A Round Of Applause For Tor!
By early July, all e-books published by Tor, Forge, Orb, Starscape and Tor Teen will be available DRM-free. DRM (digital rights management) is used mainly to combat piracy and makes it difficult to transfer an e-book from one kind of e-reader to another.
Tom Doherty of Tom Doherty Associates, publisher of the imprints, which mainly publish science fiction, fantasy, fiction, mystery and military history, commented: “Our authors and readers have been asking for this for a long time. They’re a technically sophisticated bunch, and DRM is a constant annoyance to them. It prevents them from using legitimately-purchased e-books in perfectly legal ways, like moving them from one kind of e-reader to another.”
Among interesting points about this change: the imprints are part of Macmillan, which is fighting the Justice Department suit about e-book pricing. In the post-suit e-book era, some have said that publishers can compete better with Amazon by forgoing DRM, and this could be a kind of test at Macmillan. In addition, many of the imprints’ competitors already sell e-books without DRM.
Watch Are You Watching?
The Raven, starring John Cusack, Brendan Gleeson and Luke Evans, opens this Friday, April 27. Cusack plays Edgar Allan Poe, whose stories have inspired a deranged serial killer.
The Pirates! Band of Misfits, based on two books by Gideon Defoe, also opens April 27. Hugh Grant, Brendan Gleeson, Jeremy Piven and Salma Hayek lend their voices to this animated tale.
Meyer Runs Down a Dark Hall
Twilight series author Stephenie Meyer is seeking to “extend her notoriety by bringing other YA-friendly literature adaptation to the multiplex,” according to Indiewire, which reported that the 1974 Lois Duncan novel Down a Dark Hall “will be optioned through Meyer and Meghan Hibbett’s Fickle Fish Films to be turned into a feature.”
Indiewire noted that Meyer will be joined on the project by Wyck Godfrey, “the man who pulled together the Twilight movies. But before Meyer gets to this, she’ll be wrapping up her producer duties on an adaptation of Shannon Hale’s Austenland.”
There’s been an outcry about the lack of a fiction Pulitzer Prize this year, with most booksellers bemoaning lost sales opportunities. Laurie Muchnick, in Bloomberg News, called the Pulitzer Board bumblers. Sig Gissler, administrator of the prizes, said, “It is not a statement about fiction in general–just a statement about the process.” And the jurorsagreed. Michael Cunningham said, “There’s something amiss. They might want to look into that.”
But perhaps, since there is so much news about the lack of a prize, with frequent mention of the three finalists–Swamplandia!, The Pale King and Train Dreams–all three books will get a boost instead of just one. And bookstores are figuring out ways to promote the three along with other worthy books.
However, it’s interesting to look at past winners and finalists.
The Pulitzer winners is made up of novels that have become part of current literary canon. In part:
Olive Kitteridge by Elizabeth Strout
The Brief Wondrous Life of Oscar Wao by Junot Diaz
The Road by Cormac McCarthy
Gilead by Marilynne Robinson
The Known World by Edward P. Jones
Middlesex by Jeffrey Eugenides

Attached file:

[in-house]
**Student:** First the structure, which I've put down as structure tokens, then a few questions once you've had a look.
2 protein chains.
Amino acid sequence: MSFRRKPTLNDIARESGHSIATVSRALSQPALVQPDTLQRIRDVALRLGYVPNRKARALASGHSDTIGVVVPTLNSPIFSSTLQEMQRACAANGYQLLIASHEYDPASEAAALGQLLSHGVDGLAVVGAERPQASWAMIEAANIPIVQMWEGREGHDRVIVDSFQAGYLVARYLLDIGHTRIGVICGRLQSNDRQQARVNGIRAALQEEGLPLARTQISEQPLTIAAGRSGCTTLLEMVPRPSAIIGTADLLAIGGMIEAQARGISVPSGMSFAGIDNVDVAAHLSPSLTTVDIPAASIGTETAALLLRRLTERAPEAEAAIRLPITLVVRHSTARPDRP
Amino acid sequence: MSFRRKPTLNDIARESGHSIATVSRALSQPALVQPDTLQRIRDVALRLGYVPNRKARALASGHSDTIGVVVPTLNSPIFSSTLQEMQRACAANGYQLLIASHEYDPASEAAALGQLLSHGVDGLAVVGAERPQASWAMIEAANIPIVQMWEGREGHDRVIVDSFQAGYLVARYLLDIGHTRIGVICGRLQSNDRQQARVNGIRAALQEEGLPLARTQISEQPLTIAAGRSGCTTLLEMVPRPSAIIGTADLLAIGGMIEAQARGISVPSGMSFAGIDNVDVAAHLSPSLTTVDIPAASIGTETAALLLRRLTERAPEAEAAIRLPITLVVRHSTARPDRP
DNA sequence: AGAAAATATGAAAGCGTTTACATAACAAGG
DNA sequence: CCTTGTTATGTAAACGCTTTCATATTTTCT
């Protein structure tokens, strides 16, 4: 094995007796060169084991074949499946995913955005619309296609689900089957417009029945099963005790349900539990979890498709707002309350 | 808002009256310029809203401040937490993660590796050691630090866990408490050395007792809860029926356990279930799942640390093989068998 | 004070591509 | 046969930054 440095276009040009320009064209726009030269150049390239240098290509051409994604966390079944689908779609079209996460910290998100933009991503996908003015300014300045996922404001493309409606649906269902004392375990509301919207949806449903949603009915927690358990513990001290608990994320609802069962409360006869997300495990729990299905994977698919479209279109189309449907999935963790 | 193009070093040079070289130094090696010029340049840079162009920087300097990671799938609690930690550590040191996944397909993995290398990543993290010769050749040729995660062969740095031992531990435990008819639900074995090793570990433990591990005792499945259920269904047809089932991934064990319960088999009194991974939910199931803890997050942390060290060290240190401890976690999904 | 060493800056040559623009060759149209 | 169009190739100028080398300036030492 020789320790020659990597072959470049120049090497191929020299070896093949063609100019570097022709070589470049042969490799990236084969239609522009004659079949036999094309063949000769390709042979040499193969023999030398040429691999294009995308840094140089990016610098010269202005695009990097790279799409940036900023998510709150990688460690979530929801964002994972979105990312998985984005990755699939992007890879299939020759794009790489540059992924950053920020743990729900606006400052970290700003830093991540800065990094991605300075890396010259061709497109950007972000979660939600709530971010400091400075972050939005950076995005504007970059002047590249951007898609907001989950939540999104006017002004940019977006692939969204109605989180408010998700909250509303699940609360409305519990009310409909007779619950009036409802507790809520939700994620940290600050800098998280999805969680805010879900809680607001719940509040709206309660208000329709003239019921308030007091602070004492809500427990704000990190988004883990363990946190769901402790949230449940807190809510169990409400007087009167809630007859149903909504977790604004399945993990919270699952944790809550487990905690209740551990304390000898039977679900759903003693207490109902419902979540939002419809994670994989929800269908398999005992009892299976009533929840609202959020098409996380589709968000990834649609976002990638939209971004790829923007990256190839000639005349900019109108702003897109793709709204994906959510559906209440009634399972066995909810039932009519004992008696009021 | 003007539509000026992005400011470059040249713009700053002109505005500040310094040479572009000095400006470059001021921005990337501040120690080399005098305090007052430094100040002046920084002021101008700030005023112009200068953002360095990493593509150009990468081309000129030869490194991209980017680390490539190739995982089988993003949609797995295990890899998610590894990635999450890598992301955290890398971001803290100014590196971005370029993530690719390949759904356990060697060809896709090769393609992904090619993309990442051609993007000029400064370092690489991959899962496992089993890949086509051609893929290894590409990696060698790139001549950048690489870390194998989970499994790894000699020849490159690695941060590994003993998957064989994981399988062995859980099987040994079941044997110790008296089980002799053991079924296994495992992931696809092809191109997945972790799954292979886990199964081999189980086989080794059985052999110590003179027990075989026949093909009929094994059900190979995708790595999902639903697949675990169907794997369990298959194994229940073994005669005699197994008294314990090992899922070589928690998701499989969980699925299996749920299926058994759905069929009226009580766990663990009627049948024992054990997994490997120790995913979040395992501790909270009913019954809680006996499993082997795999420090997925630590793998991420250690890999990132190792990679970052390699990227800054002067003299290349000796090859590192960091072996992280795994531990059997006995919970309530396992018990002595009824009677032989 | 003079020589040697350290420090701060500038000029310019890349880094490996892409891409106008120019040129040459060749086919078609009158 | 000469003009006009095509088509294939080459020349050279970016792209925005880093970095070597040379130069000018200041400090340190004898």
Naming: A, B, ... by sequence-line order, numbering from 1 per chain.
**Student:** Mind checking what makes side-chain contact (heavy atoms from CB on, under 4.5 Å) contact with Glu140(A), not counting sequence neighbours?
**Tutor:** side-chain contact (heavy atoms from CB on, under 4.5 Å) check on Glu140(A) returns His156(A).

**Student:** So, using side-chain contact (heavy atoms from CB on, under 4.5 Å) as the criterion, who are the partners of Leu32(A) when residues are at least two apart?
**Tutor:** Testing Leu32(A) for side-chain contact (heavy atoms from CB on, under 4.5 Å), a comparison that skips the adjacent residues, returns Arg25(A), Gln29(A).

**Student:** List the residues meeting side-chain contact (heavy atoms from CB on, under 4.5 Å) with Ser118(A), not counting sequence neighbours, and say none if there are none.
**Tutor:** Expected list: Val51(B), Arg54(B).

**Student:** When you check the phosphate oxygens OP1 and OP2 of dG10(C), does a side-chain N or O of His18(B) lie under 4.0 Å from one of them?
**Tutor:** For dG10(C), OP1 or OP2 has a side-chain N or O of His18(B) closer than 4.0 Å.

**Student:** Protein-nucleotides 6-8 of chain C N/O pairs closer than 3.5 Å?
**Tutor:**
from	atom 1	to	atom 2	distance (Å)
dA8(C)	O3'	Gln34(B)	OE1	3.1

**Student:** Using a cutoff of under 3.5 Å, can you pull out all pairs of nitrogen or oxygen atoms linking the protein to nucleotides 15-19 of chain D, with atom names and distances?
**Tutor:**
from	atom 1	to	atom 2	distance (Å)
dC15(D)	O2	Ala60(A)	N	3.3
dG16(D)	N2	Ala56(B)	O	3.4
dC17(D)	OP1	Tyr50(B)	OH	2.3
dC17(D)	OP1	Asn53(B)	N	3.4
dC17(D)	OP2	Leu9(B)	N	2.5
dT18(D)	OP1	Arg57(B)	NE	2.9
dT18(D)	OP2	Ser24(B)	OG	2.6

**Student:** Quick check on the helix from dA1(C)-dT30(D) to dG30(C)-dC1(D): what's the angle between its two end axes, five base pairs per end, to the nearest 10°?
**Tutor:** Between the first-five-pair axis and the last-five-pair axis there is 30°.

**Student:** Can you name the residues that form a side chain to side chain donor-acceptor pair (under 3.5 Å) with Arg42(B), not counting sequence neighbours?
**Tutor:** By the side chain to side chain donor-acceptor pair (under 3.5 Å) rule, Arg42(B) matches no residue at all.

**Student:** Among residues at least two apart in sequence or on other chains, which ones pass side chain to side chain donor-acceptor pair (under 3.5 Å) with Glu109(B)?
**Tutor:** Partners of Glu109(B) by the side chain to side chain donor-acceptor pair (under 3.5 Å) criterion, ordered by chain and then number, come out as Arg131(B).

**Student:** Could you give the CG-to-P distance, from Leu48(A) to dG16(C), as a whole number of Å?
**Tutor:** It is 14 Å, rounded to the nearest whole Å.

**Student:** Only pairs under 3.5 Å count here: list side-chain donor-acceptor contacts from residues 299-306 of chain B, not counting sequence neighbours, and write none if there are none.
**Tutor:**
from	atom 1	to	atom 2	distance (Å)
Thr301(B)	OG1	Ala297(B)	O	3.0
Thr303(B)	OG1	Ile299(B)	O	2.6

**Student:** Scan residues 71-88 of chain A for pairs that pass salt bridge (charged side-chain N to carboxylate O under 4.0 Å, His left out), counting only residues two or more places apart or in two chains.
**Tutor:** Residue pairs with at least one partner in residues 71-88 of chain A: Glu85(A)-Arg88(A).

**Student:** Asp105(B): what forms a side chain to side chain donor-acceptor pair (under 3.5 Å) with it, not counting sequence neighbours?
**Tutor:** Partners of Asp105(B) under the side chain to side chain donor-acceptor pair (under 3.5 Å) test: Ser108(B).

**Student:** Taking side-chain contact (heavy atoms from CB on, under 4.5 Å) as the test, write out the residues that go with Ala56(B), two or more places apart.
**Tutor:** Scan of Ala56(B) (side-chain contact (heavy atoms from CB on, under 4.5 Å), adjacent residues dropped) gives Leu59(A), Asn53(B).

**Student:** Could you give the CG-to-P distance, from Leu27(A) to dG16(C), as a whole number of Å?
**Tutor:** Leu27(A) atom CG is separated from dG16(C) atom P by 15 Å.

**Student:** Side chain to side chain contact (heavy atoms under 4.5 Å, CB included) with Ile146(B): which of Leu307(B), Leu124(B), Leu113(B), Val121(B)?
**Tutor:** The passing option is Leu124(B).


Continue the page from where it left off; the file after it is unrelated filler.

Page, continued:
Empire Falls by Richard Russo
Interpreter of Maladies by Jhumpa Lahiri
But most finalists aren’t as familiar:
The Bright Forever by Lee Martin
The Echo Maker by Richard Powers
After This by Alice McDermott
Shakespeare’s Kitchen by Lore Segal
The Plague of Doves by Louise Erdrich
In Other Rooms, Other Wonders by Daniyal Mueenuddin
Love in Infant Monkeys by Lydia Millet
The Privileges by Jonathan Dee
Which begs the question: Is long-lasting prominence the result of the prize, or of the brilliance of the book? The prize spurs sales, which engenders word of mouth, which leads to more sales. Of course, popularity would soon wane if the book wasn’t worthy. But bottom line: a Pulitzer would have been more than nice. —Marilyn Dahl, book review editor
Were They Right?
Time magazine released its annual list of the “100 Most Influential People in the World,” and while writers were less than dominant, some interesting selections did make the final Time 100 cut, including:
Ann Patchett: Of the decision to open Parnassus Books, Elizabeth Gilbert wrote: “Nashville is grateful, but the world watches carefully, wondering: Will this endeavor actually work? Can one determined soul really make a dent against the dehumanizing wall of humongous corporate progress? Don’t worry; I already know how this story ends, because I know the author well. Trust me–Ann Patchett will see to it that the good guys win.”
Walter Isaacson: “But what most separates Isaacson, 59, from would-be peers is his wisdom in choosing subjects whose individual talents have affected all our lives. We care, and so we read, and so we learn–first one lesson, then many…. Isaacson is a purveyor of knowledge, a supplier to addicts who seek a deeper understanding of all manner of things.” wrote Madeleine Albright.
E.L. James: “Six months ago she was Erika Leonard, a mother of two who dabbled in saucy stories for the Web. Now she’s E.L. James, publishing phenomenon, whose Fifty Shades of Grey trilogy has deeply stirred booksellers, Hollywood and, apparently, many, many mothers. Reading may never be the same.”
We Want Pictures!
The highly anticipated movie version of Orson Scott Card’s novel Ender’s Game won’t be released until the fall of 2013, but fans can track the film’s progress on the official Ender’s Game production Tumblr. The adaptation, which is directed by Gavin Hood, stars Abigail Breslin, Harrison Ford and Asa Butterfield.